Scottish Greens are warning SNP ministers to be careful that proposed new national planning guidelines don't risk Scotland's important carbon reduction and renewable energy targets.
Ministers want to extend the distance between wind farms and communities, and prevent wind farms being built in National Parks and National Scenic Areas.
Proposals also include unproven carbon capture and storage technology, environmentally-damaging airport expansion and fossil fuel generation at Cockenzie and Longannet.
Patrick Harvie MSP, Co-convener of the Scottish Greens, said:
"Ministers are right to resist calls from the anti-wind lobby to legislate for a blanket ban on turbines but it is equally important we don't compromise our ability to meet our carbon reduction and renewable energy targets. Steering developments away from important landscapes and habitats must be balanced against the need for a transition to a sustainable society. The Trump debacle shows ministers can ignore the need for balance when it suits them.
"We agree with the idea that local authorities should be able to consider the impacts on communities and the environment during applications for coal-bed methane and fracking, and we hope the language around restoring coal sites is met with action. But SNP ministers have a long record of failure to recognise the need to move away from fossil fuels."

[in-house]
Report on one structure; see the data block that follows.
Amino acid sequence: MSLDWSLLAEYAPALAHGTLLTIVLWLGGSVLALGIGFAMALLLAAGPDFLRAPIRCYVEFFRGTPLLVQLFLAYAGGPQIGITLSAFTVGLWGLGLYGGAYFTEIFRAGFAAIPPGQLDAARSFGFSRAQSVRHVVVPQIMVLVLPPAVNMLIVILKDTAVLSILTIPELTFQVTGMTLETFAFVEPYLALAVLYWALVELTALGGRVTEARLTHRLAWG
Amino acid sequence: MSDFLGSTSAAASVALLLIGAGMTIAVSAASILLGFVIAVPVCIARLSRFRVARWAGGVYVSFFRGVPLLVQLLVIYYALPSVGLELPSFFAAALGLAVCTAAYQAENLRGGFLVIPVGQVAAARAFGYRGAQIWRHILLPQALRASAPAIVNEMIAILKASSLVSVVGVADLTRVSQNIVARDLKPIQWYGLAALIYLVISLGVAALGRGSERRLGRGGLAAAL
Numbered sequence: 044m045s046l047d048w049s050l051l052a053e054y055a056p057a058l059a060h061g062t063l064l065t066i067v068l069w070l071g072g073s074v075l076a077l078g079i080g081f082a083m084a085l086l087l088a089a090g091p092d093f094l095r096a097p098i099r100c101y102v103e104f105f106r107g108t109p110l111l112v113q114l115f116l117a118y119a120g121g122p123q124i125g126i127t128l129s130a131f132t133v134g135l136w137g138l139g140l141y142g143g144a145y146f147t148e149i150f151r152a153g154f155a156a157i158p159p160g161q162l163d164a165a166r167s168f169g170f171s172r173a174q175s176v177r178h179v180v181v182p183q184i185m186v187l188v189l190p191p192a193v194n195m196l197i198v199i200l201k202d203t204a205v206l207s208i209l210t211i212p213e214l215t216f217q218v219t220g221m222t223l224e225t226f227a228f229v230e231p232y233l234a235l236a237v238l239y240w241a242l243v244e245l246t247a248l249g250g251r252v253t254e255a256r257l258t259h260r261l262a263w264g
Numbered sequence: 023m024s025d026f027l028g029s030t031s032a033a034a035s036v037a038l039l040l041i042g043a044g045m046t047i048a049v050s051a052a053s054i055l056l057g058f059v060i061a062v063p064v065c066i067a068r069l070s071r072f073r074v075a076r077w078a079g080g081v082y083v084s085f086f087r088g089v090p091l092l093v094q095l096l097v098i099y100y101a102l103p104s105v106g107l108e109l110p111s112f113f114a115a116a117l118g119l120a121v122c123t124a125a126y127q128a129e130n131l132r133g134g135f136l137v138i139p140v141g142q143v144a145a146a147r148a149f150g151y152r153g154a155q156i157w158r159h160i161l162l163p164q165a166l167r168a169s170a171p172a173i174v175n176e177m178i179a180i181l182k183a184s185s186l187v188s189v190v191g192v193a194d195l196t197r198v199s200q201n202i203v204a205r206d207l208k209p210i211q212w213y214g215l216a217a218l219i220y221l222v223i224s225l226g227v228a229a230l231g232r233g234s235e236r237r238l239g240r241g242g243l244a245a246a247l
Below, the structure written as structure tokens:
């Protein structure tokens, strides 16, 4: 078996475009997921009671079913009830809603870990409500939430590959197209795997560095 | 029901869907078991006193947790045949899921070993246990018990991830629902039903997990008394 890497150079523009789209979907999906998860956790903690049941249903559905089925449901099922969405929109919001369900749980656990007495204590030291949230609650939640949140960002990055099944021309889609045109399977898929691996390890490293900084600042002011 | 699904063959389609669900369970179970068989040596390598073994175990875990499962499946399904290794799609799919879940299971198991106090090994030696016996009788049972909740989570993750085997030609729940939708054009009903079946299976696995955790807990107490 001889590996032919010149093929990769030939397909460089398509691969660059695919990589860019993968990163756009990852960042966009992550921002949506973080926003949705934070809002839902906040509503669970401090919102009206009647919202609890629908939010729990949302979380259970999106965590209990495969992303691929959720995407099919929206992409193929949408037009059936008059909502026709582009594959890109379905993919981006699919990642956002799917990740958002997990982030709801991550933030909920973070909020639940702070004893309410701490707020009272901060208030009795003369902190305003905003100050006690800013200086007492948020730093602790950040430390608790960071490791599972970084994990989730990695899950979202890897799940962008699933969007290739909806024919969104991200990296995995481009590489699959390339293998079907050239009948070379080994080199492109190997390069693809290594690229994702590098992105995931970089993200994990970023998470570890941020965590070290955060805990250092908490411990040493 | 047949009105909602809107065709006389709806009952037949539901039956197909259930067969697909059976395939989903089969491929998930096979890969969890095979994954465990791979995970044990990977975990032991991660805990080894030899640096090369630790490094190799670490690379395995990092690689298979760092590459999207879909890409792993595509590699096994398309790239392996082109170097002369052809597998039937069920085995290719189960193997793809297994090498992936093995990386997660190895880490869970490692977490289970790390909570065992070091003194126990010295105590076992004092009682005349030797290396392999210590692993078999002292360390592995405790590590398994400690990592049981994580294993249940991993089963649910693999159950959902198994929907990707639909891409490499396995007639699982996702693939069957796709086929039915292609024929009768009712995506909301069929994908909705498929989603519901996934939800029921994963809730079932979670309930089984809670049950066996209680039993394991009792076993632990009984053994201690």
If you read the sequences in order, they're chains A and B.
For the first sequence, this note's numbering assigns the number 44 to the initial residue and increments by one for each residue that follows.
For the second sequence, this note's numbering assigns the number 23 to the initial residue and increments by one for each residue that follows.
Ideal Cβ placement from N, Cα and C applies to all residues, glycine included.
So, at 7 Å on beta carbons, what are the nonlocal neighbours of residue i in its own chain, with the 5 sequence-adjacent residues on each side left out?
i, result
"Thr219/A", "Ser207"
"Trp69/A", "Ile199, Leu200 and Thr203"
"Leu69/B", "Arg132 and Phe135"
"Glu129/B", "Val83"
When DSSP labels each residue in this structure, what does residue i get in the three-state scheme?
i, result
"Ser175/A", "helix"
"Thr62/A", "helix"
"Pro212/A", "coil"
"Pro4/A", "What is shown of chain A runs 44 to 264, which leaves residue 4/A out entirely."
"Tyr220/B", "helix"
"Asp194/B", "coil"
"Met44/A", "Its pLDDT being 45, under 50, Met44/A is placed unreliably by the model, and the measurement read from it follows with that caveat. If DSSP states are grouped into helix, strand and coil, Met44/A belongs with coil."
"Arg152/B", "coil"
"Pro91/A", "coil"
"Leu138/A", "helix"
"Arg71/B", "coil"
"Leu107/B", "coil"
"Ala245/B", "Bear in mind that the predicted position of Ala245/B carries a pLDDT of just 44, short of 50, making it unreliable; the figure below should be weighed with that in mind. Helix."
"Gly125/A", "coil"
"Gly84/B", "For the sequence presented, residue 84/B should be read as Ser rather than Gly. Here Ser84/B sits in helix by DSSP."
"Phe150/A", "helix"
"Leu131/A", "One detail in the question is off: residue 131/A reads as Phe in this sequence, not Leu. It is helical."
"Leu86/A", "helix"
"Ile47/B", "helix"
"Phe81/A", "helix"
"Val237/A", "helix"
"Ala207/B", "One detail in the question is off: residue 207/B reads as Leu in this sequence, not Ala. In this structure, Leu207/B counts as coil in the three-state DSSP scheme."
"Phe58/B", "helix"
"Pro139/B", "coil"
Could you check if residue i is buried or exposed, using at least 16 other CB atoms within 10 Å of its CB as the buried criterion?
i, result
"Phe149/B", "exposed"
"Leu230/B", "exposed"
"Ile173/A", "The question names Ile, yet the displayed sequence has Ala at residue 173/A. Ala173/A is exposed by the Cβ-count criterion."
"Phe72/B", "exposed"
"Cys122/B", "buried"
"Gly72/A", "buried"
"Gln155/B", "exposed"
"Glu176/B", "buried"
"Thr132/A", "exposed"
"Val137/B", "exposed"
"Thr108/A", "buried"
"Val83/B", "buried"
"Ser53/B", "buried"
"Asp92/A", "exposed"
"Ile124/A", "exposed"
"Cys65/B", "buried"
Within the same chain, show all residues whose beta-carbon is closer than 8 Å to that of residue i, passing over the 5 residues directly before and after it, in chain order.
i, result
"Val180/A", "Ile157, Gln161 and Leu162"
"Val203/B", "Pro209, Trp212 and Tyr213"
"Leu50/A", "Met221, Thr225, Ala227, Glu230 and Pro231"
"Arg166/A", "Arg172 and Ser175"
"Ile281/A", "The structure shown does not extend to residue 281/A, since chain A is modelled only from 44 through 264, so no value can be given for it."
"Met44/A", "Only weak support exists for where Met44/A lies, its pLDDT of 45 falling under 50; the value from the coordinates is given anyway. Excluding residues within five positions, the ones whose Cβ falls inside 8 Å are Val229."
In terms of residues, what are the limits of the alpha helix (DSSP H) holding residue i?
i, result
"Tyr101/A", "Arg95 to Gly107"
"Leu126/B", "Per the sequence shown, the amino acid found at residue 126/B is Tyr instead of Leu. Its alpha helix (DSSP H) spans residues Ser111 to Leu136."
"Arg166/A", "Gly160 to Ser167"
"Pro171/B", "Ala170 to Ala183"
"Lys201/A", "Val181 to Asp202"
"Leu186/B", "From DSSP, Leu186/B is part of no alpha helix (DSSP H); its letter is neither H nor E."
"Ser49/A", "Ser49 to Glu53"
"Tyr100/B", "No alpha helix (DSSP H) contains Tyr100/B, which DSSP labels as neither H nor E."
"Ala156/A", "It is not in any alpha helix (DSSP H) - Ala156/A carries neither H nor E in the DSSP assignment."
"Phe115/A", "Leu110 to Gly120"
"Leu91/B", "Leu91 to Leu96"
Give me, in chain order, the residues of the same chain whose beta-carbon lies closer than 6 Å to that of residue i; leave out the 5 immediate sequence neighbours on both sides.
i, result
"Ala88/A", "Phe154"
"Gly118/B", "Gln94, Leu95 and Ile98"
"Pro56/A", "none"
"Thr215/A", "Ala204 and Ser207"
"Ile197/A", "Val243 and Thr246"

Scottish Planning Policy consultation
Point 167: "The planning system should recognise the continuing role of indigenous coal, oil and gas in maintaining a diverse energy
mix and improving energy security; minimise the impacts of extraction on local communities, built and natural heritage, and the water environment; secure the sustainable restoration of mineral sites to a relevant use after working has ceased."
Point 213: "Proposals for energy generation from non-renewable sources may be acceptable where carbon capture and storage or other emissions reduction infrastructure is either already in place or committed within the development’s lifetime.
Point 218: "Community separation: a separation distance of up to 2.5 km is recommended between wind farms and cities, towns and villages identified in the local development plan. This is to reduce visual impact but decisions on individual developments should take into account specific local circumstances and geography."
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